Dr. Totten Recently Co-Authors Article in Criminal Law, Justice and Criminology edition of Law Journal
KENNESAW, Ga. (Sep 19, 2018) — Dr. Christopher Totten, Assoc. Prof. of Criminal Justice (Law) and MSCJ Director, and Dr. Sutham Cobkit, member of the Faculty of Social Sciences and Humanities at Mahidol University, had an article co-published in the annual Criminal Law, Justice and Criminology edition of the Manitoba Law Journal, a publication of the Faculty of Law, University of Manitoba, Canada. This peer-reviewed journal has an approximate 33% acceptance rate for article submissions, and ranks 37 of 59 (top 63%) among all refereed, general law journals world-wide. The Article is entitled "Police Vehicle Searches under the Fourth Amendment: Evaluating Chiefs’ Perceptions of Search Policies and Practices after Arizona v Gant." The article consists of an empirical (survey) study examining police chiefs’ perception of law enforcement practices and policies related to numerous types of vehicle searches, including searches incident to arrest under Gant. The citation is --- Totten, C.D. & Cobkit, S. (2018). Police vehicle searches under the Fourth Amendment: Evaluating chiefs’ perceptions of search policies and practices after Arizona v. Gant. Manitoba Law Journal, 41, 49-75. The article abstract is as follows ---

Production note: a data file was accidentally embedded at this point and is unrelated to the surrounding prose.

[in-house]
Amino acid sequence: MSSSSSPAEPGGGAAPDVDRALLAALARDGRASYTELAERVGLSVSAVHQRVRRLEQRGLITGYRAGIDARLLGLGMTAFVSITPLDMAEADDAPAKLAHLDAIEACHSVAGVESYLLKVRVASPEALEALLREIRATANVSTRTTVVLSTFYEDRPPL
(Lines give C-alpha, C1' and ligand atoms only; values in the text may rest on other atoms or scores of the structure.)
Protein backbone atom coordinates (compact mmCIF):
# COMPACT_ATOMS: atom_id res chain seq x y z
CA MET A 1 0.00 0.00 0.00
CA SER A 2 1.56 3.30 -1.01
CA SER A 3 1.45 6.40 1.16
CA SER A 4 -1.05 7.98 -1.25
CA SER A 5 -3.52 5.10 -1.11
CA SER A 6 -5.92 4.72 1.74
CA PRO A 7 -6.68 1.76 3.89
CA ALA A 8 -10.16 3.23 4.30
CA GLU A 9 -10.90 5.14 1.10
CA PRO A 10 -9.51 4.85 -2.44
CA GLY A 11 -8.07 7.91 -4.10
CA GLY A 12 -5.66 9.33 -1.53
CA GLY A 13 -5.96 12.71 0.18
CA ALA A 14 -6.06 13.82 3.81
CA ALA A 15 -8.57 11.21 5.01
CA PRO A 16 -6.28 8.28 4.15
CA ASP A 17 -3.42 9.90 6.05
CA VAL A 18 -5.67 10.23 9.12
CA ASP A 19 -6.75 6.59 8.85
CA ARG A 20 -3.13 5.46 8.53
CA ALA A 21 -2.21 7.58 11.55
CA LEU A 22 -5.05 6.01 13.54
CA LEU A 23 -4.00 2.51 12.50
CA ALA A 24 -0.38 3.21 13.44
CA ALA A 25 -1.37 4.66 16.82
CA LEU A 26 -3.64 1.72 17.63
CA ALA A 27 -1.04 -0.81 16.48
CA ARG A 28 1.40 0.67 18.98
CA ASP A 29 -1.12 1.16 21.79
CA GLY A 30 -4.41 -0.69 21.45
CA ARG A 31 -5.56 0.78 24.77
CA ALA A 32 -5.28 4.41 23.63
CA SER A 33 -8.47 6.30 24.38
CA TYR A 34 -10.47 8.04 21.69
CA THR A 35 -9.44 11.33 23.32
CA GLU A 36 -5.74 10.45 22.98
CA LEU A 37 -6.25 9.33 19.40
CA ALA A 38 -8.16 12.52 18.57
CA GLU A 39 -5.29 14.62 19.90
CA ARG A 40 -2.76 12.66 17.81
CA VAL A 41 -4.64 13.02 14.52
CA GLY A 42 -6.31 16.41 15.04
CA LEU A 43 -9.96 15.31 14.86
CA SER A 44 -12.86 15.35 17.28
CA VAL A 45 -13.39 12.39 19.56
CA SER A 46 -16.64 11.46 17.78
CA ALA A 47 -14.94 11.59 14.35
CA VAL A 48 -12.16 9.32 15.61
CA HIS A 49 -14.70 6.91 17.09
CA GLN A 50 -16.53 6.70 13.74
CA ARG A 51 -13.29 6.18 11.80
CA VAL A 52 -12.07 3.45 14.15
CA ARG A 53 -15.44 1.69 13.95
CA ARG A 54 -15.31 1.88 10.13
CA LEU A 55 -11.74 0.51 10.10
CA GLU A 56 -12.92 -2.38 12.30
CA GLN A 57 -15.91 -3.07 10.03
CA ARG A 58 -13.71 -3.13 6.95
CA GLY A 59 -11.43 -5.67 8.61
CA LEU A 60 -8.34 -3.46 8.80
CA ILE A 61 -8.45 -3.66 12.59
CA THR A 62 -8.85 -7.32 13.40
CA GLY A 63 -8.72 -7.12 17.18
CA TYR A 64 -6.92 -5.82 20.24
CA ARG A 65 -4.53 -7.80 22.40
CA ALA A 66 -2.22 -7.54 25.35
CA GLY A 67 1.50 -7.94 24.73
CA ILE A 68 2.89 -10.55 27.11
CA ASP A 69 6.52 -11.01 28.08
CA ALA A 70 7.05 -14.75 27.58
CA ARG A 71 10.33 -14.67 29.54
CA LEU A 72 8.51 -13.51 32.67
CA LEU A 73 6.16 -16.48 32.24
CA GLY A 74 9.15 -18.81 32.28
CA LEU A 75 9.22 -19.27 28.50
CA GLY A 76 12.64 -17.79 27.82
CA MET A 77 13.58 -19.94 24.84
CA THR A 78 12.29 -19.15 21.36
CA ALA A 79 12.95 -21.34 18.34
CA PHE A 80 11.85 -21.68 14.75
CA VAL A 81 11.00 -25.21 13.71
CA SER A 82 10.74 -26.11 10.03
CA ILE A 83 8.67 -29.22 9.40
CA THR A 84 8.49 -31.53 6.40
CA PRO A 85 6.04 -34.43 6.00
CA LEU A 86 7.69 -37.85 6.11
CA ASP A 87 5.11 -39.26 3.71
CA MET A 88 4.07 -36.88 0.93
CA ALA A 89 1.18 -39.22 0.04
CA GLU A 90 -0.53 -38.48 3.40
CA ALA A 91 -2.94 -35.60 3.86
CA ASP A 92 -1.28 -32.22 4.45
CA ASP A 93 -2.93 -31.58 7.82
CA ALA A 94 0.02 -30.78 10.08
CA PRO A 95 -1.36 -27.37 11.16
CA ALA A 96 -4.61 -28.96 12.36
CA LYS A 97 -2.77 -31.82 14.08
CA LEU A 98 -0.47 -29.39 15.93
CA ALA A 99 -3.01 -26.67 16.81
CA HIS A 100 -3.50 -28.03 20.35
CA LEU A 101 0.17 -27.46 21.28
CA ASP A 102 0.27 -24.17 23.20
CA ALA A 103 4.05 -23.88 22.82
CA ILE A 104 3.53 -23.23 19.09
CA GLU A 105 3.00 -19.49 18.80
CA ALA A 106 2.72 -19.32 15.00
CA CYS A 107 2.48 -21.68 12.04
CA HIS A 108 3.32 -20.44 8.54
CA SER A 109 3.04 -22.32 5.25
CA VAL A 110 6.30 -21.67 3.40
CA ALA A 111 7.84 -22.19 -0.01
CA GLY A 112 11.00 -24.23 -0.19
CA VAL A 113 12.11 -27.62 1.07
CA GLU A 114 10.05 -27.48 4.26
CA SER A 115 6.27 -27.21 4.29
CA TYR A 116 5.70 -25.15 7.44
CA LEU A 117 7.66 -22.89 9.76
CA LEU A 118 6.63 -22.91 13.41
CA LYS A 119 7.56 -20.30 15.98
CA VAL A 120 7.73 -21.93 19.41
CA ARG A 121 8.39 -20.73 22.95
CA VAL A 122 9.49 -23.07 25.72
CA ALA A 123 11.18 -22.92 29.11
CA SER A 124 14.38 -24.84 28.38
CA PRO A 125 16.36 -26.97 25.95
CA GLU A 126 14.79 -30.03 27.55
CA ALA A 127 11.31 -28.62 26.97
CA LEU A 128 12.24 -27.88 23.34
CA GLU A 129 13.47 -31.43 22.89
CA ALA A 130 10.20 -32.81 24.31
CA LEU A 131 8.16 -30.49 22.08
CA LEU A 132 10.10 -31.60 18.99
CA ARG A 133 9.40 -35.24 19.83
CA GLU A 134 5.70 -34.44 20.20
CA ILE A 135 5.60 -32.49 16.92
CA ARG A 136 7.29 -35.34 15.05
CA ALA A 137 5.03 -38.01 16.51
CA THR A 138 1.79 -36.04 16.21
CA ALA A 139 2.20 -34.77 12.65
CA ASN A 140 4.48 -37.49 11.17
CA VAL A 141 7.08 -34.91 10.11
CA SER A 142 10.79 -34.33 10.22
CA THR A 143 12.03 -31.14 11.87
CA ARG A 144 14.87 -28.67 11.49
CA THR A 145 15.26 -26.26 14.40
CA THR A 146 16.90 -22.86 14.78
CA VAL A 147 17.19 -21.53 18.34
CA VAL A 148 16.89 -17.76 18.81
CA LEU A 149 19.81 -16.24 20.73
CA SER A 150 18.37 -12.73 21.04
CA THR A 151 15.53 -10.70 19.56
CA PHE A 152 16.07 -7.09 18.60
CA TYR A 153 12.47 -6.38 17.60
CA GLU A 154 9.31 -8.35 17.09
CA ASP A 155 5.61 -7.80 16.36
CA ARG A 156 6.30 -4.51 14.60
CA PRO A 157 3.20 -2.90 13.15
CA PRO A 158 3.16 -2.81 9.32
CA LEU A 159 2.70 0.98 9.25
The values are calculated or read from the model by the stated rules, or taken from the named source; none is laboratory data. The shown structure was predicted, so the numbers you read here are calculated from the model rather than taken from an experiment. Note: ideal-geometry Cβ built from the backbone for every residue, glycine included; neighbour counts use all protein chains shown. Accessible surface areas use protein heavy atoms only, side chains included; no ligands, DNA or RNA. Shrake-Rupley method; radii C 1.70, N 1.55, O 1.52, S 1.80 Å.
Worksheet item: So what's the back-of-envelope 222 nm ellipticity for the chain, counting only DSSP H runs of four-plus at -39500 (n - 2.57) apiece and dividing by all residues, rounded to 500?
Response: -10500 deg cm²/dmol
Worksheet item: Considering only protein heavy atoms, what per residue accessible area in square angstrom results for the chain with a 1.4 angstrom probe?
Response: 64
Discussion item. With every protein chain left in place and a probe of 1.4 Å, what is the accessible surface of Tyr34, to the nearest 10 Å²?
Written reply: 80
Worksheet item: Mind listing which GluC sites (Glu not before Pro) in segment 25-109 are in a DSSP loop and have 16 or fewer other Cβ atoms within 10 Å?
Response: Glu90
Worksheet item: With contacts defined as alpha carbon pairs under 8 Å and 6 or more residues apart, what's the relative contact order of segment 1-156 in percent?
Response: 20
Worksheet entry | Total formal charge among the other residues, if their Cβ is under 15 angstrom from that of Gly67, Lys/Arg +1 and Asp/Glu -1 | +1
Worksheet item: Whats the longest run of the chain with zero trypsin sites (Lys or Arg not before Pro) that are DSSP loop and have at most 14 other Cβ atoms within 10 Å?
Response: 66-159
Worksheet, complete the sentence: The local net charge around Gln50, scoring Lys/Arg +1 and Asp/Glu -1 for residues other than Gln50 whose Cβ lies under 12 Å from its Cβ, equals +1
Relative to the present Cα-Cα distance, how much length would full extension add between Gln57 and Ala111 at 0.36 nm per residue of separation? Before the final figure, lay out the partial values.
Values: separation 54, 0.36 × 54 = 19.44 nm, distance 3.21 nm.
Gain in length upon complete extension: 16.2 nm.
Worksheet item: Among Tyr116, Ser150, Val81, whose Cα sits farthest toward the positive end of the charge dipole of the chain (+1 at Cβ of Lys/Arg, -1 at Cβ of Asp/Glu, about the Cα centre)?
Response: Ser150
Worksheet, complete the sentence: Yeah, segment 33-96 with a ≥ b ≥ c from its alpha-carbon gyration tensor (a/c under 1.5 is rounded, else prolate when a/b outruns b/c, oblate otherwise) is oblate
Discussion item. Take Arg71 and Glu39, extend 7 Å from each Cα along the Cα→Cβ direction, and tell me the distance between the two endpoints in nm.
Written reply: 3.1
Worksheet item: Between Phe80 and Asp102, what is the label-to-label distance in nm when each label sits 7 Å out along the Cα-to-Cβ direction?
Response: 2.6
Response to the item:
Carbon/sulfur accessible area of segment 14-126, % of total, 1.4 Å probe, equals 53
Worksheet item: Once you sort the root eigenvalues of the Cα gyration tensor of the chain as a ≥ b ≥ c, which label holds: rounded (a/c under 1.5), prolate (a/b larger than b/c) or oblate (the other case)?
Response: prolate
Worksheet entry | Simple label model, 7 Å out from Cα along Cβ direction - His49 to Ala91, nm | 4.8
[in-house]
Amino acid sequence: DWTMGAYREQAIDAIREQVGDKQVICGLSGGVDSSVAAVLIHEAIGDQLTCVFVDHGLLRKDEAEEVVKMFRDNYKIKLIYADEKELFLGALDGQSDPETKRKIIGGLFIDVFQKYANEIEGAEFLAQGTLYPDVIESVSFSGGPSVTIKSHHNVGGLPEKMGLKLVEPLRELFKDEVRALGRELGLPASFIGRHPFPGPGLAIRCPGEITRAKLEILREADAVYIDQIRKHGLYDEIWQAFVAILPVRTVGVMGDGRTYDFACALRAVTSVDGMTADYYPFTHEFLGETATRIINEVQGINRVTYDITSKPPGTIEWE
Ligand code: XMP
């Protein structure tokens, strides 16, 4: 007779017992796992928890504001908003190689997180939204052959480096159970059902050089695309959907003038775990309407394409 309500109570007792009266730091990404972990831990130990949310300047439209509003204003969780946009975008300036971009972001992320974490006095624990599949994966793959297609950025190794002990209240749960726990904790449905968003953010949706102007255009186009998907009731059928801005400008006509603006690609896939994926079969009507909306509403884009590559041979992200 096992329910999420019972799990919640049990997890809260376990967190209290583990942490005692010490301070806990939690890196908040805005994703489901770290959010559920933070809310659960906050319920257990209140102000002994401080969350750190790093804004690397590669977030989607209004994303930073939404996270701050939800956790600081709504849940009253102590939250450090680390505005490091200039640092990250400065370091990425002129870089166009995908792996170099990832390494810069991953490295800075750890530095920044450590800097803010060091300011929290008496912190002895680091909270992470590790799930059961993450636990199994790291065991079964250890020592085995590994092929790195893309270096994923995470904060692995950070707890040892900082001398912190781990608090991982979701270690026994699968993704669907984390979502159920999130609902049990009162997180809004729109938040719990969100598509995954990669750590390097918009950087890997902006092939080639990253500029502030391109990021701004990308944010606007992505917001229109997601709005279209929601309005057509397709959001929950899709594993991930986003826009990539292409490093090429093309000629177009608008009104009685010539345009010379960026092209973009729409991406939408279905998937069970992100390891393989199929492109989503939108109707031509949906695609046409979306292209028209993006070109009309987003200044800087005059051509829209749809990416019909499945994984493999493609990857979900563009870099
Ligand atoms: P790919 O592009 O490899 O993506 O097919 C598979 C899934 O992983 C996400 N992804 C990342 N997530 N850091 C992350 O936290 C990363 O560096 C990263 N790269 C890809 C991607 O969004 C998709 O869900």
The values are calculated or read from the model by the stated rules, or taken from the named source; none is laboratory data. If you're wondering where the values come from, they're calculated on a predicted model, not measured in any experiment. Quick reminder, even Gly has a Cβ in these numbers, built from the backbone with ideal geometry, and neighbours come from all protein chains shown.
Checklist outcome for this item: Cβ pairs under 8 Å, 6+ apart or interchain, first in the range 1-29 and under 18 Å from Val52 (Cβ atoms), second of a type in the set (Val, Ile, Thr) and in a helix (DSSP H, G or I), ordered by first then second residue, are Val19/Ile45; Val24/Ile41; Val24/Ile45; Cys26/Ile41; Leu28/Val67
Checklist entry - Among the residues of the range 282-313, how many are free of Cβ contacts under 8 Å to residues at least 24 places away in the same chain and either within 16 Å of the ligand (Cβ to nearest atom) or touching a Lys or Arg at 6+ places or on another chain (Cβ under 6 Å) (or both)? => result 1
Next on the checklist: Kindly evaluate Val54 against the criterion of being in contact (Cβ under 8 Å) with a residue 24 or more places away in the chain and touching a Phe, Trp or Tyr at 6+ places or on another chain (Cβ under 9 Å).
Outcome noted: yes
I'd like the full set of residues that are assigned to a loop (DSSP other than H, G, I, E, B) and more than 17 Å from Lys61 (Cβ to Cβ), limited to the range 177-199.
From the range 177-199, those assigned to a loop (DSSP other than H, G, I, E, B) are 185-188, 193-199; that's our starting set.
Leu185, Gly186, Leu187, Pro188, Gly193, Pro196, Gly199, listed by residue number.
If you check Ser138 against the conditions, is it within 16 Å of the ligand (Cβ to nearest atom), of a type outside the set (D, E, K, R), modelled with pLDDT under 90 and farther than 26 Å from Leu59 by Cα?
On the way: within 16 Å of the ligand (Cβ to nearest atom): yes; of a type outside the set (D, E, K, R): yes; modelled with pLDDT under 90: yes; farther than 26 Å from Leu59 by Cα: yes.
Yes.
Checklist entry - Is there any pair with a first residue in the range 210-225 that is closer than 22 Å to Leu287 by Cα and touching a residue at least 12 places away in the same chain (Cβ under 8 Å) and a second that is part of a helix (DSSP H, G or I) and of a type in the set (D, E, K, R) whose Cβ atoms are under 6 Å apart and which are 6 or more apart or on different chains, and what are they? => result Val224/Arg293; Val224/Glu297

In 2009, in Arizona v. Gant, the United States Supreme Court significantly changed the Fourth Amendment norms governing police searches of vehicles incident to arrest. To date, there is no known empirical study of police practices and policies regarding these norms. This survey study aims to fill this “gap” by surveying police chiefs from large, populated U.S. cities concerning their perceptions of police practices and policies in the area of vehicle searches, in particular vehicle searches incident to arrest. Specifically, the study aims to examine chiefs’ perceptions of the frequency with which police officers search vehicles under Gant/search incident doctrine compared to other procedures for searching vehicles under the Fourth Amendment (i.e., the impoundment/inventory procedure, the automobile search exception, the consent search exception, and searches under warrant). In addition, the survey explores chiefs’ perceptions regarding the implications of Gant for police vehicle searches incident to arrest specifically and police vehicle searches more broadly. In general, the study’s detailed findings align with current Fourth Amendment norms in the police vehicle search context; that is, chief perception of officer policies and practices related to vehicle searches aligns with Fourth Amendment requirements in this area, including search incident to arrest law under Gant. In addition, almost half of the chiefs surveyed indicated that officers have searched vehicles less often incident to arrest because of Gant. This latter finding is noteworthy, and appears to align with the limitations imposed by Gant on vehicle searches incident to arrest. Various implications of the findings for the police and the judiciary are explored.